This year’s first presentation of the Fondation Beyeler collection engages with the constantly changing relationship between figuration and abstraction in modern art, as exemplified by around 70 important impressionist, modernist and contemporary paintings and sculptures.
The transition from the figurative to the abstract becomes apparent not least in the different representations of landscapes and figures. Abstract pictorial elements, for example, quite often originate in natural motifs, which are subjected to a process of reduction and transformation. By the same token, however, abstract forms and structures can be incorporated into figurative compositions. Abstraction and figuration, in other words, can perpetually interpenetrate and be reciprocally revitalizing. This is exemplified by Claude Monet’s famous waterlily paintings dating from the early twentieth century, which in the 1950s inspired America’s Abstract Expressionists to hazard some radically new compositions. Under the conceptual umbrella of the “passage,” the presentation brings together works that allow the lines of influence between two completely different but complementary approaches to the image to be retraced. Understood as a transitional or transitory path, the “passage” concept can be detected in the motifs and imagery of many other works, too.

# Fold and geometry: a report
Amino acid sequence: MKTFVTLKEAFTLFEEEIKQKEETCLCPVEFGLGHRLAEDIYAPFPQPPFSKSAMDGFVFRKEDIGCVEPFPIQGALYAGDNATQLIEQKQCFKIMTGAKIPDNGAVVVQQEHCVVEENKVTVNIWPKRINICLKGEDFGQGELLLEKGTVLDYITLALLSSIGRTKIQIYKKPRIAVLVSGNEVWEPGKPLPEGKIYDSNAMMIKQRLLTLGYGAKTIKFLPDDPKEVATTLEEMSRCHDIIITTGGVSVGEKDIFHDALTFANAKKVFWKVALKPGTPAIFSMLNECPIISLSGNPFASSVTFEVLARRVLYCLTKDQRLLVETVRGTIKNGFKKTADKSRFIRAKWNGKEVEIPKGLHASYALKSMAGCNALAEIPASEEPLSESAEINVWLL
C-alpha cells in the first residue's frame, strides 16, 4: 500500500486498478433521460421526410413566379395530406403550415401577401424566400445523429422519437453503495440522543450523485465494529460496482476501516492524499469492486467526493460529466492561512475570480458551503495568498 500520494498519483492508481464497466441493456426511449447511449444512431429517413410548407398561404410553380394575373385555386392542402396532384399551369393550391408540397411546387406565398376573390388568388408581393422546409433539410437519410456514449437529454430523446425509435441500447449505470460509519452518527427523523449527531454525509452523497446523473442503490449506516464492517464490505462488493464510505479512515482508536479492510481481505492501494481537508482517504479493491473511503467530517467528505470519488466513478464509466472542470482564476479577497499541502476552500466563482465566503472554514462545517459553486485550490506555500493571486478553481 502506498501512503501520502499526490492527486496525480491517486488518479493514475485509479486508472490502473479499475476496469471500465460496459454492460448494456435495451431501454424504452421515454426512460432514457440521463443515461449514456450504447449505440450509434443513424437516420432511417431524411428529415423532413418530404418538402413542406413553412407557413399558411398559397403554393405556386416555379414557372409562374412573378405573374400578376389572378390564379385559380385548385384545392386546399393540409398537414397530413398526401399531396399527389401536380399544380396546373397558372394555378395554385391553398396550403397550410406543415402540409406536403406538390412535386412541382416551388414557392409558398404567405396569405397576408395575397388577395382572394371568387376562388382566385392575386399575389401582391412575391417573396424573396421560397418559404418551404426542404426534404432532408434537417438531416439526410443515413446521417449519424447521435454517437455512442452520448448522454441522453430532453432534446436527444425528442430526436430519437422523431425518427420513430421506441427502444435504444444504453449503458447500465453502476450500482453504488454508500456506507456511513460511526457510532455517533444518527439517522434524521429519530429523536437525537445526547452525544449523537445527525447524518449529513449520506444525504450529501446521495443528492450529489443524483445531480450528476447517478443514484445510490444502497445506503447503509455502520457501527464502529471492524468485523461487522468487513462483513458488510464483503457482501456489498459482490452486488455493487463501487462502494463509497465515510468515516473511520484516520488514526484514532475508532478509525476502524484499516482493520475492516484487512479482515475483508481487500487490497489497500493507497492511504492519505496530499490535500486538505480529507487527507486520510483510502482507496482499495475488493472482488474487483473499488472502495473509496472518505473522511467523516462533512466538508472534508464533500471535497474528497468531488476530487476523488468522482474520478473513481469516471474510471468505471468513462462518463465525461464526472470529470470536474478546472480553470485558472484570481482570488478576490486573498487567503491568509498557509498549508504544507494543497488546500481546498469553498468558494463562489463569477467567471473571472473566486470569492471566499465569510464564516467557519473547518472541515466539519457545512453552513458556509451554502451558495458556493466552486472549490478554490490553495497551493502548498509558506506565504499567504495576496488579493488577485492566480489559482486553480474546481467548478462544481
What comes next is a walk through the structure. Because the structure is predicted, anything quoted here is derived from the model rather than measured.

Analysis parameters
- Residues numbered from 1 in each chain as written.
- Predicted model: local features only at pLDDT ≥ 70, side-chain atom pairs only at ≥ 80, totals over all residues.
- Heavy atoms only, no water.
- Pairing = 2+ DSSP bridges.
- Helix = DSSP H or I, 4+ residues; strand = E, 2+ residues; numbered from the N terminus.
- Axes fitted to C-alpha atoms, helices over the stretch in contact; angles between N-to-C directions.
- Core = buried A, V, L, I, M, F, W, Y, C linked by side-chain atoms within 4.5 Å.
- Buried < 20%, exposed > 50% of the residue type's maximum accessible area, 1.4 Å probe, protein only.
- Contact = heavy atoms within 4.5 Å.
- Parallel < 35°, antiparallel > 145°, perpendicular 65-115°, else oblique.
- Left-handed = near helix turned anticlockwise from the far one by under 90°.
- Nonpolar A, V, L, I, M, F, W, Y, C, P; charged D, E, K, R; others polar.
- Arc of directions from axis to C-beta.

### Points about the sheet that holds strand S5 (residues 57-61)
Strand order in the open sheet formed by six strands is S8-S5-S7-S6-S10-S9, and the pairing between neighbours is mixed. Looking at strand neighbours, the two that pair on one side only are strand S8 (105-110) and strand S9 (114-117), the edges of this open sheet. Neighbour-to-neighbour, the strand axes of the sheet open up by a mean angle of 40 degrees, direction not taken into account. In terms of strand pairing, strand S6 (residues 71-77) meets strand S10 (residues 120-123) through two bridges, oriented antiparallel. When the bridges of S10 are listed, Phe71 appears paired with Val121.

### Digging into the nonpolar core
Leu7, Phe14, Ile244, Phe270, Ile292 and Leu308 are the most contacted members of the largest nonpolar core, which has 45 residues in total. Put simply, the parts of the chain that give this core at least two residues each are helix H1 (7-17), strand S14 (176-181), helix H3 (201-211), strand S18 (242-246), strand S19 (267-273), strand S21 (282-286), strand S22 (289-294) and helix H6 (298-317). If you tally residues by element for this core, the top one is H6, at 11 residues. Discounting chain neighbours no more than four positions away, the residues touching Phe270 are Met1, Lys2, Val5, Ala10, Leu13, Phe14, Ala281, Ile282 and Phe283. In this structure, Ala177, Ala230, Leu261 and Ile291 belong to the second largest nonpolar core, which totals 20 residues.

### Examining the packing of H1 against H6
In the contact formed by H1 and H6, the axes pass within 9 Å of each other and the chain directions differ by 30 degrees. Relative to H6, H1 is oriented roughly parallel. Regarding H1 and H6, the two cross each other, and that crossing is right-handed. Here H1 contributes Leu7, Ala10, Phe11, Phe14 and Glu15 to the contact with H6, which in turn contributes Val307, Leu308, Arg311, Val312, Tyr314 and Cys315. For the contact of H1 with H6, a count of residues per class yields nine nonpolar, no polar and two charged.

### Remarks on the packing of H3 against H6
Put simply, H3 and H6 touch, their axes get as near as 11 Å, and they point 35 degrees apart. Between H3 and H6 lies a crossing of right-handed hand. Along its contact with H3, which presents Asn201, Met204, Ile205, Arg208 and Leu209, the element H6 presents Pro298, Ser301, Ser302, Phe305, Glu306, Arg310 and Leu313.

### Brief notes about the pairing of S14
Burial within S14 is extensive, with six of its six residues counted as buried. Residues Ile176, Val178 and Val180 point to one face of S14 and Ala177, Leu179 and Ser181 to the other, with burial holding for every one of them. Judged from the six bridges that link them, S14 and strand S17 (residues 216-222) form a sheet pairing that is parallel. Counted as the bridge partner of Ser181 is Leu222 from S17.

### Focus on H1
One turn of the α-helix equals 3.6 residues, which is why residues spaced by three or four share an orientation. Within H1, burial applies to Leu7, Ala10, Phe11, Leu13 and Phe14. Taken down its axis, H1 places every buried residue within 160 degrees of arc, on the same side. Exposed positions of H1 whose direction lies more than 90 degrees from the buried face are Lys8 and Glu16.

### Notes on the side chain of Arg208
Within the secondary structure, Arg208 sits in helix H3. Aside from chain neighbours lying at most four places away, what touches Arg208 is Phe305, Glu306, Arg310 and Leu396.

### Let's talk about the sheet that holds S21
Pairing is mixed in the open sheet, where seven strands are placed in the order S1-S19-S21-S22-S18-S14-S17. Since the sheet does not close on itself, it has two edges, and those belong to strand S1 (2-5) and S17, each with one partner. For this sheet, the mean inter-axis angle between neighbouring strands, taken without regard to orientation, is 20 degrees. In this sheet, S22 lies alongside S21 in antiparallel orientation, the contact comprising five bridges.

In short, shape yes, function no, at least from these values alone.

Among the artists represented in this collection presentation, Gerhard Richter (*1932) occupies a prominent position. To mark his ninetieth birthday, one gallery is devoted solely to the wide-ranging oeuvre of this prolific artist, bringing together works from the collection as well as works on loan, visualizing the artistic interplay of figuration and abstraction in the most impressive way.
Another gallery is dedicated to is the American artist Agnes Martin (1912–2004) and her characteristically abstract, geometric works, generously on loan from the Daros Collection.
“Passages – Landscape, Figure and Abstraction” is curated by Dr. Raphaël Bouvier, curator at Fondation Beyeler.